Jane Kenyon (1947-1995), The Clothes Pin, as published in the Winter 1977 issue of The Paris Review.

    Comments (View)17 NotesApril 8, 2014

    Such absolutely stunning oil work by Baltimore surrealist, Jordan Kasey.

    Comments (View)96 NotesApril 8, 2014

    Sculptor Andy Yoder spent two years building this lovely globe from individually-painted matchsticks. His son, reddit user yoderaustinexplains that the frame is a mix of foam, cardboard, and plywood. One by one, Yoder attached the hand-painted matches to this skeleton with wood glue, before lastly—in an effort that one may consider to be of both precaution and irony—dousing the entire form in flame retardant.

    Be sure to note Hurricane Sandy collapsing upon the eastern American coast in the final photo above.

    The piece will be exhibited by Winkleman Gallery at this year’s PULSE New York Contemporary Art Fair, May 8–11.

    Comments (View)824 NotesMarch 30, 2014

    I began with physical anthropology. I was taught how to measure the size of the brain of a human being who had been dead a long time, who was all dried out. I bored a hole in his skull, and I filled it with grains of polished rice. Then I emptied the rice into a graduated cylinder. I found this tedious. 
I switched to archaeology, and I learned something I already knew: that man had been a maker and smasher of crockery since the dawn of time. And I went to my faculty adviser, and I confessed that science did not charm me, that I longed for poetry instead. I was depressed. I knew my wife and my father would want to kill me, if I went into poetry. 
My adviser smiled. “How would you like to study poetry which pretends to be scientific?” he asked me. 
“Is such a thing possible?” I said. 
He shook my hand. “Welcome to the field of social or cultural anthropology,” he said.

—Kurt Vonnegut, describing his “conversion” to cultural anthropology at the University of Chicago. After all, “it offered the greatest opportunity to write high-minded balderdash.”
As seen in the Address to the National Institute of Arts and Letters, 1971, from his book, Wampeters, Foma and Granfalloons (Opinions).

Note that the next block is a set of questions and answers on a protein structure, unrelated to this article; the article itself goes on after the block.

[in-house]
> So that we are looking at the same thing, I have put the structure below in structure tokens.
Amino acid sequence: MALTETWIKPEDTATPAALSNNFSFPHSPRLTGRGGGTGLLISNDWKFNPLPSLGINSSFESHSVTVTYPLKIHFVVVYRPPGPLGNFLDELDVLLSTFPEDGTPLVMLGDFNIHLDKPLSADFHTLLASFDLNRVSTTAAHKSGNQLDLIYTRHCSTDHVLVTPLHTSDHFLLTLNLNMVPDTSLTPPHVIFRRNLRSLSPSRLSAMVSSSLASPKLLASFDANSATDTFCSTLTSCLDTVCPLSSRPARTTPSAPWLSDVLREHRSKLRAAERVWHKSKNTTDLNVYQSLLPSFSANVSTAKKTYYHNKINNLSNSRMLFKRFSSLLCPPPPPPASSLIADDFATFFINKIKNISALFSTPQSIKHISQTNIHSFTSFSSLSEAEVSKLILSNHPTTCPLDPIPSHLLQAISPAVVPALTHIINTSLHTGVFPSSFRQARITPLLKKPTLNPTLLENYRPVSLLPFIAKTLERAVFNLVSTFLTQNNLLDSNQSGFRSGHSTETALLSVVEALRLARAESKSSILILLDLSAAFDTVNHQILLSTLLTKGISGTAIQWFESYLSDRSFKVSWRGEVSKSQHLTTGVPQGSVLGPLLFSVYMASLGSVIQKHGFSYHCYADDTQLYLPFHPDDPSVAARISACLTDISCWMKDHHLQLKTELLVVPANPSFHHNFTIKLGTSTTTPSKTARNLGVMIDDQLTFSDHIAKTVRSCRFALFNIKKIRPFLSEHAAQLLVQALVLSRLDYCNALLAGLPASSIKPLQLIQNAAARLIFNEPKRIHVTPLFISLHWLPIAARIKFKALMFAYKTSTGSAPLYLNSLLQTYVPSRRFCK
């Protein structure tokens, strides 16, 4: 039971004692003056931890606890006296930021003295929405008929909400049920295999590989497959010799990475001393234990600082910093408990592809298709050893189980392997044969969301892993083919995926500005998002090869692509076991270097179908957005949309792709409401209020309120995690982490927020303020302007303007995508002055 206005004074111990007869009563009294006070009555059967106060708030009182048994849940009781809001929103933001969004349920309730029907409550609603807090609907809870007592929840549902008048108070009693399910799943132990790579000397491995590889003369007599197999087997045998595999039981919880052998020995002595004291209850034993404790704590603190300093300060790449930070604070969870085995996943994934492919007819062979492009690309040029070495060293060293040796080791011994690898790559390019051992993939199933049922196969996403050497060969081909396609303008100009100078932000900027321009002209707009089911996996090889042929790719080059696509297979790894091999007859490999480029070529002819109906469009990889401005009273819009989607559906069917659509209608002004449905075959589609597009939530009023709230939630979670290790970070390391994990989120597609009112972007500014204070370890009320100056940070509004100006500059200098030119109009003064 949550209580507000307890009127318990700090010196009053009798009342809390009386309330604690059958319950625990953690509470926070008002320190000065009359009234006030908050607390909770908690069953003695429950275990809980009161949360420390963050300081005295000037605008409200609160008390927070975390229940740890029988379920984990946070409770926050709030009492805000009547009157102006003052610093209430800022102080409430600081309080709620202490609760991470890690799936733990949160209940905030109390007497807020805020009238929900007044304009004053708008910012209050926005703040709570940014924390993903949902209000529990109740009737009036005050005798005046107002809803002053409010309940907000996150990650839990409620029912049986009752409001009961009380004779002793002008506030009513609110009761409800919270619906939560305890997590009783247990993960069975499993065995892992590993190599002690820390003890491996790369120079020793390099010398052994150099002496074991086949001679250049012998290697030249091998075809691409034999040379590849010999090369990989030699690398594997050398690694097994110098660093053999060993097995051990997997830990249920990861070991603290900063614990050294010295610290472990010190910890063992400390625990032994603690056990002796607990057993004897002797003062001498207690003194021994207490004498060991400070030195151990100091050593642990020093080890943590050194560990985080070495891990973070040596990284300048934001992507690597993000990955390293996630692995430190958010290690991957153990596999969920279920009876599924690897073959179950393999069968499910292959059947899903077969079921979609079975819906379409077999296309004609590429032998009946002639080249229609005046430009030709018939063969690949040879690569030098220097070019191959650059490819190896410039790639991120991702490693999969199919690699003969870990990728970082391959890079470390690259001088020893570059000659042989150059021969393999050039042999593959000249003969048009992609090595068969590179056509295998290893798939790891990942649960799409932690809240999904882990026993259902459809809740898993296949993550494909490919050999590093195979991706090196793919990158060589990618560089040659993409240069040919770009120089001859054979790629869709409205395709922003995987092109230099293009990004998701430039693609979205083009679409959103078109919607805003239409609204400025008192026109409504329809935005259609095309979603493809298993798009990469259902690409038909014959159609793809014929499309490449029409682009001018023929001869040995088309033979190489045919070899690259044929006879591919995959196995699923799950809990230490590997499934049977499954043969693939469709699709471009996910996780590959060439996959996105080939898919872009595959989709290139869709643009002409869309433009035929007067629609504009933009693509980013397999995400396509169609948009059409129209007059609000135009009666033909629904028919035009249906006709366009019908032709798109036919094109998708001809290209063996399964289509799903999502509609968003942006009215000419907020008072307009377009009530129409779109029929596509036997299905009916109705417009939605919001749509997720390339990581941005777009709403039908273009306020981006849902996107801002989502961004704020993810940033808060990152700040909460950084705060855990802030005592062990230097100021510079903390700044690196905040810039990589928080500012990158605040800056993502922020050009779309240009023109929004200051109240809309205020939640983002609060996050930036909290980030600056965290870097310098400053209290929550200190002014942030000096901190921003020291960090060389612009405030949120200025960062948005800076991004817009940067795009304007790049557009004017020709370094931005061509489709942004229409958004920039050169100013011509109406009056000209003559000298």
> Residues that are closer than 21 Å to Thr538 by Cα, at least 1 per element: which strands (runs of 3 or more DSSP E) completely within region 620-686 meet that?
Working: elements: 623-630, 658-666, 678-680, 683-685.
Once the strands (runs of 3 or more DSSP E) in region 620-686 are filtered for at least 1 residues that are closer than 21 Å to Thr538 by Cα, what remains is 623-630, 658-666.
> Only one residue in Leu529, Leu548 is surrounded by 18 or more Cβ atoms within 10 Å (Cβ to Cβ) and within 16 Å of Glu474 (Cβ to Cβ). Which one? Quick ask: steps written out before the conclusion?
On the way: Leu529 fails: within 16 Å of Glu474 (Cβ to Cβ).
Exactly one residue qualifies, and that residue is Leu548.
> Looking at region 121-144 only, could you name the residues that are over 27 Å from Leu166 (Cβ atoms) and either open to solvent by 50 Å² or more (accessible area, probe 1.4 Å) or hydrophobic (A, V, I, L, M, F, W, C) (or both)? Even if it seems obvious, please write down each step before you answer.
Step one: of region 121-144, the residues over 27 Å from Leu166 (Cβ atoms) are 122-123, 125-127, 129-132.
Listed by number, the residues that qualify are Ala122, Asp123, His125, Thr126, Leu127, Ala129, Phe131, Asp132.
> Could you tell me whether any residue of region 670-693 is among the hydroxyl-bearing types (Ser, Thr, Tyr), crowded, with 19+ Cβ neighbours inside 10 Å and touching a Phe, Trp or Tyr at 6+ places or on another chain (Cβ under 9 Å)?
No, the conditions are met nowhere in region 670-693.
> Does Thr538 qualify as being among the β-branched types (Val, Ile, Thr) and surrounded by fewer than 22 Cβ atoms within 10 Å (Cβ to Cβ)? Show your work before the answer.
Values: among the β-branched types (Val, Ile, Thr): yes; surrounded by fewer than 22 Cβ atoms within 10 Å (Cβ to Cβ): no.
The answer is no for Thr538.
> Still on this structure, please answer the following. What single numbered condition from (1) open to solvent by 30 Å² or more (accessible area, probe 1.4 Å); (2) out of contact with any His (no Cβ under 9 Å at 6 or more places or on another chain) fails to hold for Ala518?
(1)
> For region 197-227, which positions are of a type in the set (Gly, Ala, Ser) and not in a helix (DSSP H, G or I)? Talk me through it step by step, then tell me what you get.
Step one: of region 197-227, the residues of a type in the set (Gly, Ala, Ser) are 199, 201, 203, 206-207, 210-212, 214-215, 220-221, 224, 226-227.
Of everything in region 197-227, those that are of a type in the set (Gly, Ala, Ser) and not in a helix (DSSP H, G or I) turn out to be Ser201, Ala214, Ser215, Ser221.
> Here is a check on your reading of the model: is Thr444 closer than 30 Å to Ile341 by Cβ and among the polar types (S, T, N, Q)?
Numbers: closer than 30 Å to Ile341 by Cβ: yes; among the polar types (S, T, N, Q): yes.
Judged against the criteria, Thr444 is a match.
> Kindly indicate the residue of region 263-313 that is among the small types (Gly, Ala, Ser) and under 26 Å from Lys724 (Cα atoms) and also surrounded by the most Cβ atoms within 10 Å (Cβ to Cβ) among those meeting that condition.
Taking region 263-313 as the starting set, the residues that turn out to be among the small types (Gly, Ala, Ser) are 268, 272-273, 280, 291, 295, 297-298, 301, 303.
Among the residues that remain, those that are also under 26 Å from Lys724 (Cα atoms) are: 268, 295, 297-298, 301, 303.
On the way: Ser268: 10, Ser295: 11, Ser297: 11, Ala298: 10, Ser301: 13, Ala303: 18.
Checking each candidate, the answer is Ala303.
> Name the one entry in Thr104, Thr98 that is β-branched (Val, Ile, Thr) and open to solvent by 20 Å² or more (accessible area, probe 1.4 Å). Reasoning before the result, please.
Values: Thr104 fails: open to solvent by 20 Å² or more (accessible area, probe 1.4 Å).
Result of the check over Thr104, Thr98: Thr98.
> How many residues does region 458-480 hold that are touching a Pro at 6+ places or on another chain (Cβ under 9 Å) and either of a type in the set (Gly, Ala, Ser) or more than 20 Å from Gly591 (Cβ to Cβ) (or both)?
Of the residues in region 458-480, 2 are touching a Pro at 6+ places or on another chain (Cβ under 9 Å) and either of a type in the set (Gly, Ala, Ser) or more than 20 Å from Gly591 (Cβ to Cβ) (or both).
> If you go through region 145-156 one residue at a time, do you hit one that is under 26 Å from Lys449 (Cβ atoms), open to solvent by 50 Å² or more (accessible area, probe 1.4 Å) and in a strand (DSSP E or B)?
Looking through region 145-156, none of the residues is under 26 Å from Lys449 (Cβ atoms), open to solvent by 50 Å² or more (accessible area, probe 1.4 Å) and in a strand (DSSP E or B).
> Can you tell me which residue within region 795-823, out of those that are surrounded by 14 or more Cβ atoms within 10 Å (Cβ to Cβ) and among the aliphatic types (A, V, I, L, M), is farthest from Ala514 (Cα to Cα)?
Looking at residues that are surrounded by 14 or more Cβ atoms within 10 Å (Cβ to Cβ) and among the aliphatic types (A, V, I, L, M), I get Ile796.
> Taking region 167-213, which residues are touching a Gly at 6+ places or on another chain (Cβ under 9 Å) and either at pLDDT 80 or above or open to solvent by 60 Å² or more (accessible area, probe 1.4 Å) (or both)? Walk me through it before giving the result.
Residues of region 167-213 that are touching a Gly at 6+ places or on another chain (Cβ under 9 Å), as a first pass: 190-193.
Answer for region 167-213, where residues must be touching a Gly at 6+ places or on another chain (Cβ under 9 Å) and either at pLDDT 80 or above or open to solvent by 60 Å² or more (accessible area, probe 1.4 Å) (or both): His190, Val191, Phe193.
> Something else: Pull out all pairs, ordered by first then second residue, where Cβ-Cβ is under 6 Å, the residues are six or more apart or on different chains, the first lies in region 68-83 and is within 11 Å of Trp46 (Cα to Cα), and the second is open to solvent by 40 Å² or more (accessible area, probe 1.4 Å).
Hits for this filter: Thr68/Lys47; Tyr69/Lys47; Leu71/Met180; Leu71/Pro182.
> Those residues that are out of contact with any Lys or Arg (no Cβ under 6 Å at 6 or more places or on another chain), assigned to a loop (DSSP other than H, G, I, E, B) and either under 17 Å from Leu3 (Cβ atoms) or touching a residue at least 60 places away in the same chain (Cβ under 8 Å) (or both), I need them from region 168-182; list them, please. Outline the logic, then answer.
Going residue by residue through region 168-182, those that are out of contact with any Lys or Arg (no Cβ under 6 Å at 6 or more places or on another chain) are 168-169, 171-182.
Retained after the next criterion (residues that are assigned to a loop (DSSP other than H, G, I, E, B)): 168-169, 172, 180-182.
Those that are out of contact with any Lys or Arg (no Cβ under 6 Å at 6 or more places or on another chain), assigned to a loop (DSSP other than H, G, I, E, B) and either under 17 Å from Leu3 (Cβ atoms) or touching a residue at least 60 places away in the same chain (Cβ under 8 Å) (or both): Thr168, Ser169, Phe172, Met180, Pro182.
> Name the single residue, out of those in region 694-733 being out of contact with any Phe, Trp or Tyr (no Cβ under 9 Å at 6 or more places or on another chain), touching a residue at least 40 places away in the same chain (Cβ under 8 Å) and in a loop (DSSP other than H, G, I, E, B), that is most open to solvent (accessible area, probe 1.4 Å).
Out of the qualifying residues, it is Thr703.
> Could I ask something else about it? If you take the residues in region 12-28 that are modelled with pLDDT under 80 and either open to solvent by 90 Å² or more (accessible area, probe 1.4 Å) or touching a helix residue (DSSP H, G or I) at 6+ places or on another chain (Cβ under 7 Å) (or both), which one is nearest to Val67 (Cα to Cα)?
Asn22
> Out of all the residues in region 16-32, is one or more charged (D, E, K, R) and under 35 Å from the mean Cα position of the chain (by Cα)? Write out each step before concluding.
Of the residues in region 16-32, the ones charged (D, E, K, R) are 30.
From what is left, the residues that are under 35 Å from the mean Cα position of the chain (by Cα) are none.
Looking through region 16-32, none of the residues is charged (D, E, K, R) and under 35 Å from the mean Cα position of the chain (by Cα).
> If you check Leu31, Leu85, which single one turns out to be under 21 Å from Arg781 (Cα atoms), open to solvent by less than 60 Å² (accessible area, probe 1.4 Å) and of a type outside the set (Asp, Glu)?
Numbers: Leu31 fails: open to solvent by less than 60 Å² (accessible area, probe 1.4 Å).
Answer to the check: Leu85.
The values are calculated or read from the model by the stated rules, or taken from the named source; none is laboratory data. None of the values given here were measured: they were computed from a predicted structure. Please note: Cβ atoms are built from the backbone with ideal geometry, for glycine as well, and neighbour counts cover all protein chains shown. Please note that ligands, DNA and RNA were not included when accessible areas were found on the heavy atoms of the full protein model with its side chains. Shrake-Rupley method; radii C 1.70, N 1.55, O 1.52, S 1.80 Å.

I began with physical anthropology. I was taught how to measure the size of the brain of a human being who had been dead a long time, who was all dried out. I bored a hole in his skull, and I filled it with grains of polished rice. Then I emptied the rice into a graduated cylinder. I found this tedious.

    I switched to archaeology, and I learned something I already knew: that man had been a maker and smasher of crockery since the dawn of time. And I went to my faculty adviser, and I confessed that science did not charm me, that I longed for poetry instead. I was depressed. I knew my wife and my father would want to kill me, if I went into poetry.

    My adviser smiled. “How would you like to study poetry which pretends to be scientific?” he asked me.

    “Is such a thing possible?” I said.

    He shook my hand. “Welcome to the field of social or cultural anthropology,” he said.

    —Kurt Vonnegut, describing his “conversion” to cultural anthropology at the University of Chicago. After all, “it offered the greatest opportunity to write high-minded balderdash.

    As seen in the Address to the National Institute of Arts and Letters, 1971, from his book, Wampeters, Foma and Granfalloons (Opinions).

    Comments (View)105 NotesMarch 19, 2014